Yes! As a professionally trained typographer of more than 25 years, picas and points are THE standard for good typography. By their lack of recent use, it’s indicative that instructors are glossing over this very easy and important way of understanding layout measurements (type is not done in inches, period – inches are for the document size). Doing math with picas is so much easier than in inches. Want to divide that 11″ tall (66 picas) page into thirds easily? That would be 22 picas … and in inches it’s a messy 3.66666666. That last measurement is especially fun to find when you’re placing guides in a document – but 22 picas is easy. Buy a pica gauge, which will show both picas and inches, to educate yourself on how to create exceptional type (the beauty of the words and their layout should carry a piece, not the images alone).
There is an enhanced display of choices when browsing fonts in the Control, Character, and Properties panels font family menus. When you click the Font Family menu, there are two tabs at the top left (Figure 5): the “Fonts” tab shows currently installed or activated fonts. But here’s the cool one that is easy to overlook: The “Find More” tab previews Adobe Fonts that are available to be activated. Yes, that means instant access to thousands of fonts from within InDesign, without having to visit Adobe’s website.
Once you’ve selected a Style Set, the Styles gallery on the Home tab will display a series of styles that you can use to format text in your document. To apply a style, select a block of text (such as a heading) and click an item, such as Heading 1, in the Style gallery. Typically you’ll use Normal for body text and Heading 1 for headings. You can use other styles for special elements in the document.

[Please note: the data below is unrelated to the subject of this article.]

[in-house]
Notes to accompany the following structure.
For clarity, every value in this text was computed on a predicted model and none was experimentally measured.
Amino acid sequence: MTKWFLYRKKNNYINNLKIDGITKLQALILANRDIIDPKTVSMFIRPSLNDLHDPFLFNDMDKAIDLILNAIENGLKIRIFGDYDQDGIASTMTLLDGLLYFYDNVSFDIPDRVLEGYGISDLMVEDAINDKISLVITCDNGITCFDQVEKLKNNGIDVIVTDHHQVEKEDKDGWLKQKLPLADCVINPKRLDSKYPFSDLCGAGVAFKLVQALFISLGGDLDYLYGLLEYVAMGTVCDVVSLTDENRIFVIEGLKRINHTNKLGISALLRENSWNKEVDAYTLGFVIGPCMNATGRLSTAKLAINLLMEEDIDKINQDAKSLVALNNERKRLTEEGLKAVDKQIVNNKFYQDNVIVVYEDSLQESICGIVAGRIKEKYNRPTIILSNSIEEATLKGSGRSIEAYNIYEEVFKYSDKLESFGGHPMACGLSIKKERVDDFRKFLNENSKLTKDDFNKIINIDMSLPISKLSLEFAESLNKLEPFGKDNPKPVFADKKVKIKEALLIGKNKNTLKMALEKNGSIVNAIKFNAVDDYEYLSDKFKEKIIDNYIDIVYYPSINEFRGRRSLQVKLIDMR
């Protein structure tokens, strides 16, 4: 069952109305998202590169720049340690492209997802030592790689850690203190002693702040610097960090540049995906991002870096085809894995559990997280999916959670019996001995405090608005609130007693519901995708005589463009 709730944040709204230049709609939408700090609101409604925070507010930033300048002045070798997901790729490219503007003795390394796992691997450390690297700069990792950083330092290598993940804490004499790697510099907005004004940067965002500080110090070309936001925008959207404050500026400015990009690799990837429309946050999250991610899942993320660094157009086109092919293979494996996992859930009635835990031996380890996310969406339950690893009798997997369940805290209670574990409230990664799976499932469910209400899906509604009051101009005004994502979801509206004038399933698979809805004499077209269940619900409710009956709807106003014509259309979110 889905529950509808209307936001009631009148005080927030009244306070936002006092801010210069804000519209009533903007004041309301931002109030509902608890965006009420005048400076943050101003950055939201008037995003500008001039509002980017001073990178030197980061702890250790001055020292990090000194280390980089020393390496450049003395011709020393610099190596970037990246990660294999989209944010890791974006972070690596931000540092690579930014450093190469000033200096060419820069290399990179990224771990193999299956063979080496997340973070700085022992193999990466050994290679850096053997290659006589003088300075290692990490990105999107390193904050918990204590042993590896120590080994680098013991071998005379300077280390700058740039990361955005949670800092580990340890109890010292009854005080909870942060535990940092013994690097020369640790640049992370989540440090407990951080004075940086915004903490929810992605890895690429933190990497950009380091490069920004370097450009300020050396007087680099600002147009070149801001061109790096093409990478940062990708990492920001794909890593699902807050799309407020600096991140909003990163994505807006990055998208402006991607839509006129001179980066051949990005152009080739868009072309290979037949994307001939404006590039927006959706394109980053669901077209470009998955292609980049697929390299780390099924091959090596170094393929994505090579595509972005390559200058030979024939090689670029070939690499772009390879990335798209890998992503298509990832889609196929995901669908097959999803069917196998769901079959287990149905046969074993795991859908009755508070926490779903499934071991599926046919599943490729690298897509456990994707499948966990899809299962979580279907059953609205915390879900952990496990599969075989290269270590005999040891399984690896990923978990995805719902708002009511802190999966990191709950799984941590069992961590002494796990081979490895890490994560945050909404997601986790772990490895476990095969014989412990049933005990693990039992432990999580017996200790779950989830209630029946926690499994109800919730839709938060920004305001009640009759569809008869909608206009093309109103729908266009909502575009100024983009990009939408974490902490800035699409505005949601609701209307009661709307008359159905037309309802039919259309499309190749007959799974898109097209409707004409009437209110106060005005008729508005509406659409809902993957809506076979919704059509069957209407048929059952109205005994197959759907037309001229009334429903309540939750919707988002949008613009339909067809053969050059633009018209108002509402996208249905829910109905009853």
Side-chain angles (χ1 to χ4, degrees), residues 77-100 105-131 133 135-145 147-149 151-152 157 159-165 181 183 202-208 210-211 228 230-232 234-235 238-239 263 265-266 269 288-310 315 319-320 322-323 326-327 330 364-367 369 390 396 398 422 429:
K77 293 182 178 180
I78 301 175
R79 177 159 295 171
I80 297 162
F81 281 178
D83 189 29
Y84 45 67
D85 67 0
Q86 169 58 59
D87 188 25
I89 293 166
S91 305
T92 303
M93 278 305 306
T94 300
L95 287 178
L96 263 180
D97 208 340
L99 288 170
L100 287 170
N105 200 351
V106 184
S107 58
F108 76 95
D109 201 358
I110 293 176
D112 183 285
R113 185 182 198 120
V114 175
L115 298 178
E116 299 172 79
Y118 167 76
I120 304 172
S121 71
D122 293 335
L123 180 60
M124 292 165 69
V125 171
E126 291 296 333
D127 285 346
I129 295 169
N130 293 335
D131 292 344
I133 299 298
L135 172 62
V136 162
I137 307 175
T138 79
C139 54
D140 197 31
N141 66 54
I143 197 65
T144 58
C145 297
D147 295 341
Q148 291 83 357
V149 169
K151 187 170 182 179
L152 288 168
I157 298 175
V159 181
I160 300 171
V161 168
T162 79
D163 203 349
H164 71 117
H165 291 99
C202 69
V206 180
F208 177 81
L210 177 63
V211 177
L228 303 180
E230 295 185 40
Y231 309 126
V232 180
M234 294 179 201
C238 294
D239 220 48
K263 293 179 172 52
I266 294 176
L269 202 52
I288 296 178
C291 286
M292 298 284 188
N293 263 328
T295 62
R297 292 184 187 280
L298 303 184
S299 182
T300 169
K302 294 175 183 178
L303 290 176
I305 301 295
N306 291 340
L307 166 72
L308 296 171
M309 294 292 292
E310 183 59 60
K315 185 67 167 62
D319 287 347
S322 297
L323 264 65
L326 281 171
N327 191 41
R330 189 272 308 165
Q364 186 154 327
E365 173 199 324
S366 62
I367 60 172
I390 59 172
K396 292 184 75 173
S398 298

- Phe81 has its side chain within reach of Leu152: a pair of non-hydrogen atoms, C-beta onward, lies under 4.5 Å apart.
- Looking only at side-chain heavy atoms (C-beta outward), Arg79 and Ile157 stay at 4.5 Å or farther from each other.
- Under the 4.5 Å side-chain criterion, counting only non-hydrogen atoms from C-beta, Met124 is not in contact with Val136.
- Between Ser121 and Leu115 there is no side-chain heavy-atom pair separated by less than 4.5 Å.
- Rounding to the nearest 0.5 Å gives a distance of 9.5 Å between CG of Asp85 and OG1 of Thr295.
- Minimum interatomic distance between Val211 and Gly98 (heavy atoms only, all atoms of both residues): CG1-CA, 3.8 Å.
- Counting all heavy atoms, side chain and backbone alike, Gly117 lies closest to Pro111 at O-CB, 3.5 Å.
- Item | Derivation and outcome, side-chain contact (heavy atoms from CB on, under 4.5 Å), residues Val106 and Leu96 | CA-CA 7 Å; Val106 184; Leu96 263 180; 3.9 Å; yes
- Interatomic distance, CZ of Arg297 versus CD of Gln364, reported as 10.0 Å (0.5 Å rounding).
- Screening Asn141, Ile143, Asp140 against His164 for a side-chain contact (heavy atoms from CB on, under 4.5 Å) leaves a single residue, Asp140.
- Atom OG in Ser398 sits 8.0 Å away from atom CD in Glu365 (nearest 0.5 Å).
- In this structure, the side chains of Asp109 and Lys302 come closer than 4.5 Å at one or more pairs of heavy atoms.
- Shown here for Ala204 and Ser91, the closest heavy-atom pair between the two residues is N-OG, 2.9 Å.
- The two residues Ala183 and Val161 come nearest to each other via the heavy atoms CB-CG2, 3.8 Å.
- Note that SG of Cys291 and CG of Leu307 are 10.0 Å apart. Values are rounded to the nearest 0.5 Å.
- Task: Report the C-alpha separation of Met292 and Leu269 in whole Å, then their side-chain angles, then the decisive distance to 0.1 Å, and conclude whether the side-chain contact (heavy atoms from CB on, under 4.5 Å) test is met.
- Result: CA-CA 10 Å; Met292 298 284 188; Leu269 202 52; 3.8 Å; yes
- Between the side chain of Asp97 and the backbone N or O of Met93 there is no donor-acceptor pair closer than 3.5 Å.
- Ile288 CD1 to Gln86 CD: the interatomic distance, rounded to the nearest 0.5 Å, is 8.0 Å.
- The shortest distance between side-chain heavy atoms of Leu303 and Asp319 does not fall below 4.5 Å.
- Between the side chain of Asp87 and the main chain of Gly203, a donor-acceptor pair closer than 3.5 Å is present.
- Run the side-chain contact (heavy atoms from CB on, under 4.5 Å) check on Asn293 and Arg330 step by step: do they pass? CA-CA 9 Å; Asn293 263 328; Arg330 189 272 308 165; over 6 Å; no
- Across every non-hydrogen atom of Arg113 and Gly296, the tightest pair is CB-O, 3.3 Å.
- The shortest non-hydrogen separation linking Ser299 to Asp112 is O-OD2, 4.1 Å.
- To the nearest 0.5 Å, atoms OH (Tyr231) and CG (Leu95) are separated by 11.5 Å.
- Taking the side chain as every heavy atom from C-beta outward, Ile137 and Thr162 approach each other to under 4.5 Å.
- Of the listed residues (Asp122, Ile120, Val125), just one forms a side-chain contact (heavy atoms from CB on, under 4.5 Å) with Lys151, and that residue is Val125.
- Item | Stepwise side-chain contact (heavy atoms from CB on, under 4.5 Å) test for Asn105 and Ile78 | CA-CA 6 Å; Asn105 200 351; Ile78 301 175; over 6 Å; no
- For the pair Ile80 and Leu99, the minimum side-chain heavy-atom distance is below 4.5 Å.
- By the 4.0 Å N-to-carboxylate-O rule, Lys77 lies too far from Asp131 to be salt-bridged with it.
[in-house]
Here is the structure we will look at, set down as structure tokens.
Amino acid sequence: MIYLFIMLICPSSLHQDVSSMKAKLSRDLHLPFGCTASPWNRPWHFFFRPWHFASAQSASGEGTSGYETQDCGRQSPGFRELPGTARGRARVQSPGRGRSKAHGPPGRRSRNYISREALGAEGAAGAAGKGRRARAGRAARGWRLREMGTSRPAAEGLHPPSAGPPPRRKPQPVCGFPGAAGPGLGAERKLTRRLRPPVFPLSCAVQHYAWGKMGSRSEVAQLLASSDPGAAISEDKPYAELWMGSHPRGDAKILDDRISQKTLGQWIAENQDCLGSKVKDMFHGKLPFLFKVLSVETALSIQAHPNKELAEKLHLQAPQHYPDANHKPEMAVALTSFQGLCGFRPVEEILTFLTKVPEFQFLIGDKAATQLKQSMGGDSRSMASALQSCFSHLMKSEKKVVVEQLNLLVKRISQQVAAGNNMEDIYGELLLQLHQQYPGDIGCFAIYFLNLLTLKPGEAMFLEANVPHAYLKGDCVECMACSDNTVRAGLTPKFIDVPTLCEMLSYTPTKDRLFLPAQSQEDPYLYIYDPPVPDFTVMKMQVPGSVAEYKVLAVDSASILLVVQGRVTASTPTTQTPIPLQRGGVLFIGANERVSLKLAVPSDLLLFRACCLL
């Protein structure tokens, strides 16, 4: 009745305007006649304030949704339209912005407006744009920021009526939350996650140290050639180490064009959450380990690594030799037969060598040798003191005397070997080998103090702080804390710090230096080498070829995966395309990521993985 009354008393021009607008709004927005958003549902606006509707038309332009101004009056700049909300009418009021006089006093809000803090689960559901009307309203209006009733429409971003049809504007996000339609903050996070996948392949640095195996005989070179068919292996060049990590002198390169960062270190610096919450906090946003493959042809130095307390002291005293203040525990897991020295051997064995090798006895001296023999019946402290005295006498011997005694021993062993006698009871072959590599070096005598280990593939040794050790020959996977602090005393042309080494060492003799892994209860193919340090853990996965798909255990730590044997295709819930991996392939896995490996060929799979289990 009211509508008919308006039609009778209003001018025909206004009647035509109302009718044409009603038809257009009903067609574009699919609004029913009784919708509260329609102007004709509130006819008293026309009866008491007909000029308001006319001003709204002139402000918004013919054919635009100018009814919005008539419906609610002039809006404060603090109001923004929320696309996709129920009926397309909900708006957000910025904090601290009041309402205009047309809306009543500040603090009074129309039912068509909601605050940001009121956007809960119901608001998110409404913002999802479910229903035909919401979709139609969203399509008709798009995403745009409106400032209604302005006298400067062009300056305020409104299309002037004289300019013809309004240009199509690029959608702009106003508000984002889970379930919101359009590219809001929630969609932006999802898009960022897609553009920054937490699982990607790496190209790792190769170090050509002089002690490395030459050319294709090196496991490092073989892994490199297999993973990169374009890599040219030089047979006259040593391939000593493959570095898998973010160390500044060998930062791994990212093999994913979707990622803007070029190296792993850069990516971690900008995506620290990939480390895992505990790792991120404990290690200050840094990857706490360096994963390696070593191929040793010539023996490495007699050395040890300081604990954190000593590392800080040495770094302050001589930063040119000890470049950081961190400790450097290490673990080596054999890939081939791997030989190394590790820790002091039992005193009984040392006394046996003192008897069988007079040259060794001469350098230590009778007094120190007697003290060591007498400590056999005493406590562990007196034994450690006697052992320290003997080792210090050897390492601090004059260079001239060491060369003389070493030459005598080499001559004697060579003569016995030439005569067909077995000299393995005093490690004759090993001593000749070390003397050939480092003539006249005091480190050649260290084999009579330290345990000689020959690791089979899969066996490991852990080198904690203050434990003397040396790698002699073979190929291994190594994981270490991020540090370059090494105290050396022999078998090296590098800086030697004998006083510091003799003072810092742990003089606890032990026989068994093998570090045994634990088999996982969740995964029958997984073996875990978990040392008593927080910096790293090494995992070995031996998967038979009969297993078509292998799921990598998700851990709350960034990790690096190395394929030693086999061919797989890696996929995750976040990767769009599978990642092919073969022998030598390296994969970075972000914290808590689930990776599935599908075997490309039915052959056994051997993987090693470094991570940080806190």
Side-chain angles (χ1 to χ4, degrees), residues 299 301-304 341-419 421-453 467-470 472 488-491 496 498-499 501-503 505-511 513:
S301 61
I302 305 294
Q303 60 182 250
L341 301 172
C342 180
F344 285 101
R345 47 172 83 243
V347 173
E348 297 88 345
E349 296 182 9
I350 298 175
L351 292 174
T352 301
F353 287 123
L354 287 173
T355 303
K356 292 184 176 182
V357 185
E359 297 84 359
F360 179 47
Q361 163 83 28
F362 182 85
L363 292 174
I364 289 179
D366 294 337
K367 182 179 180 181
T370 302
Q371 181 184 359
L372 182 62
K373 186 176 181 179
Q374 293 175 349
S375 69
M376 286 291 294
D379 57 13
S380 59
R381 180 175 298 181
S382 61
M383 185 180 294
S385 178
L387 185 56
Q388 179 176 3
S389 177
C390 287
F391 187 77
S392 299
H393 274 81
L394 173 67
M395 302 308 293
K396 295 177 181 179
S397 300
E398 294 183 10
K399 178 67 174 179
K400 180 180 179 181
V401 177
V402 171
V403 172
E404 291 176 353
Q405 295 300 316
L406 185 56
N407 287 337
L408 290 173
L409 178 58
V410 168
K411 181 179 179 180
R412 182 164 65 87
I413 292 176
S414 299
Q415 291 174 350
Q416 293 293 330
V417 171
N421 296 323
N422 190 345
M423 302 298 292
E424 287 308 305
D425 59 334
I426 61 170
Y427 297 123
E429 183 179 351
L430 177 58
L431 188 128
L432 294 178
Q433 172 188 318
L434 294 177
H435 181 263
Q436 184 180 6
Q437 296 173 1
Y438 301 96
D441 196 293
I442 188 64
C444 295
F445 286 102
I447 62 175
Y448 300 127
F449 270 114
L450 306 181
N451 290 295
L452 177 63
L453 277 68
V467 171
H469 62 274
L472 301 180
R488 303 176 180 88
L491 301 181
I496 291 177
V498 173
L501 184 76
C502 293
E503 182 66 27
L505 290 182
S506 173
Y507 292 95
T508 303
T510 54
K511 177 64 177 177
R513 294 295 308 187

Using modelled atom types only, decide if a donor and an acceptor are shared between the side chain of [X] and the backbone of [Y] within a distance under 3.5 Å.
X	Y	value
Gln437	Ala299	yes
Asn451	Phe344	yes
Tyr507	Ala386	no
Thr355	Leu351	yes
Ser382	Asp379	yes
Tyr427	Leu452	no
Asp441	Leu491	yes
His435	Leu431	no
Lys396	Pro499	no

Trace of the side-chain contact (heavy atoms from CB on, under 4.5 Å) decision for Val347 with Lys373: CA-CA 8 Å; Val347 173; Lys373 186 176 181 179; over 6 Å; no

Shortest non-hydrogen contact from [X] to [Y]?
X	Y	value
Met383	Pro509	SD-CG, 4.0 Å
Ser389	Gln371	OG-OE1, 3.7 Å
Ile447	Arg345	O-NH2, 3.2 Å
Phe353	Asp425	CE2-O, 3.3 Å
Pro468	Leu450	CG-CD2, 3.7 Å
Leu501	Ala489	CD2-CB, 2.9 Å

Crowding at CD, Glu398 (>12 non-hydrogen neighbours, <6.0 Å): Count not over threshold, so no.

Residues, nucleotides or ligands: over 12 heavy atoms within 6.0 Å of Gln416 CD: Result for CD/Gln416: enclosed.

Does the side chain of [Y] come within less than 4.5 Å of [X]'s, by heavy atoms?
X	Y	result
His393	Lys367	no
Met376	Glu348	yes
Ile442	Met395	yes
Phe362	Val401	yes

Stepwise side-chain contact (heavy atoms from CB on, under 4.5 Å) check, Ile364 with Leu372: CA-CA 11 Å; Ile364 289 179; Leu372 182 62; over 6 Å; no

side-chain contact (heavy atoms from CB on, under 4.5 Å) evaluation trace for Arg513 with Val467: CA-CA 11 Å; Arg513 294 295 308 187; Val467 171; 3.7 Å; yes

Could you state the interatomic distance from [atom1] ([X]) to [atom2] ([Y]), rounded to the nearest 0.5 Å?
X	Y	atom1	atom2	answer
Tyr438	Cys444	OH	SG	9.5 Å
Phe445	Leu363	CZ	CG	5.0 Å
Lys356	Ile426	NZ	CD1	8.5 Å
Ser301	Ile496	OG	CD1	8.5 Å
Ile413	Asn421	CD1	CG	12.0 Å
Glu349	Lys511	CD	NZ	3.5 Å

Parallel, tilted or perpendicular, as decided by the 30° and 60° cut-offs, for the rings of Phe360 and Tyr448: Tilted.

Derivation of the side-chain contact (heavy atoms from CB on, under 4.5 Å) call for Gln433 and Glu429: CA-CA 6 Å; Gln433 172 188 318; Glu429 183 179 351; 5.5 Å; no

There it is. Page 2.…If I click inside there I can see it's actually…the word page and the number two.…So if I were to, for example, add additional pages…after page one these would labeled incorrectly…because there not using automatic page numbering.…So let's start by removing these by clicking the border,…and then hitting the Delete key on your keyboard.…
The true power of Microsoft Publisher is in the superb quality and selection of its templates. Unlike so many of its competitors, Publisher links to Microsoft Office's online template portfolio, which is regularly updated and sports crisp, clean designs that can easily jump-start your projects. The template selection isn't particularly huge – you can only expect access to about 700 different options, compared to the thousands that other software offers – but it's diverse, covering every type of project you might undertake. Microsoft hasn't tried to inflate its numbers by offering dozens of ugly variants of the same template, picking quality over quantity every time.
I have installed MS 2007 home/studen on 2 computers in my home; a desktop and a laptop. The programs do not even have all the same fonts. The laptop has some fonts that the desktop doesn’t have and visa versa. Both systems are running Vista and both were installed with the same disk. I have also seen many occasions where the document comes through totally different.
You create, edit, and preview the index using the Index panel (Window > Type & Tables > Index). The panel includes two modes: Reference and Topic. In Reference mode, the preview area displays complete index entries for the current document or book. In Topic mode, the preview area displays only topics, not page numbers or cross-references. Topic mode is used primarily for creating the index structure, whereas Reference mode is where you add your index entries.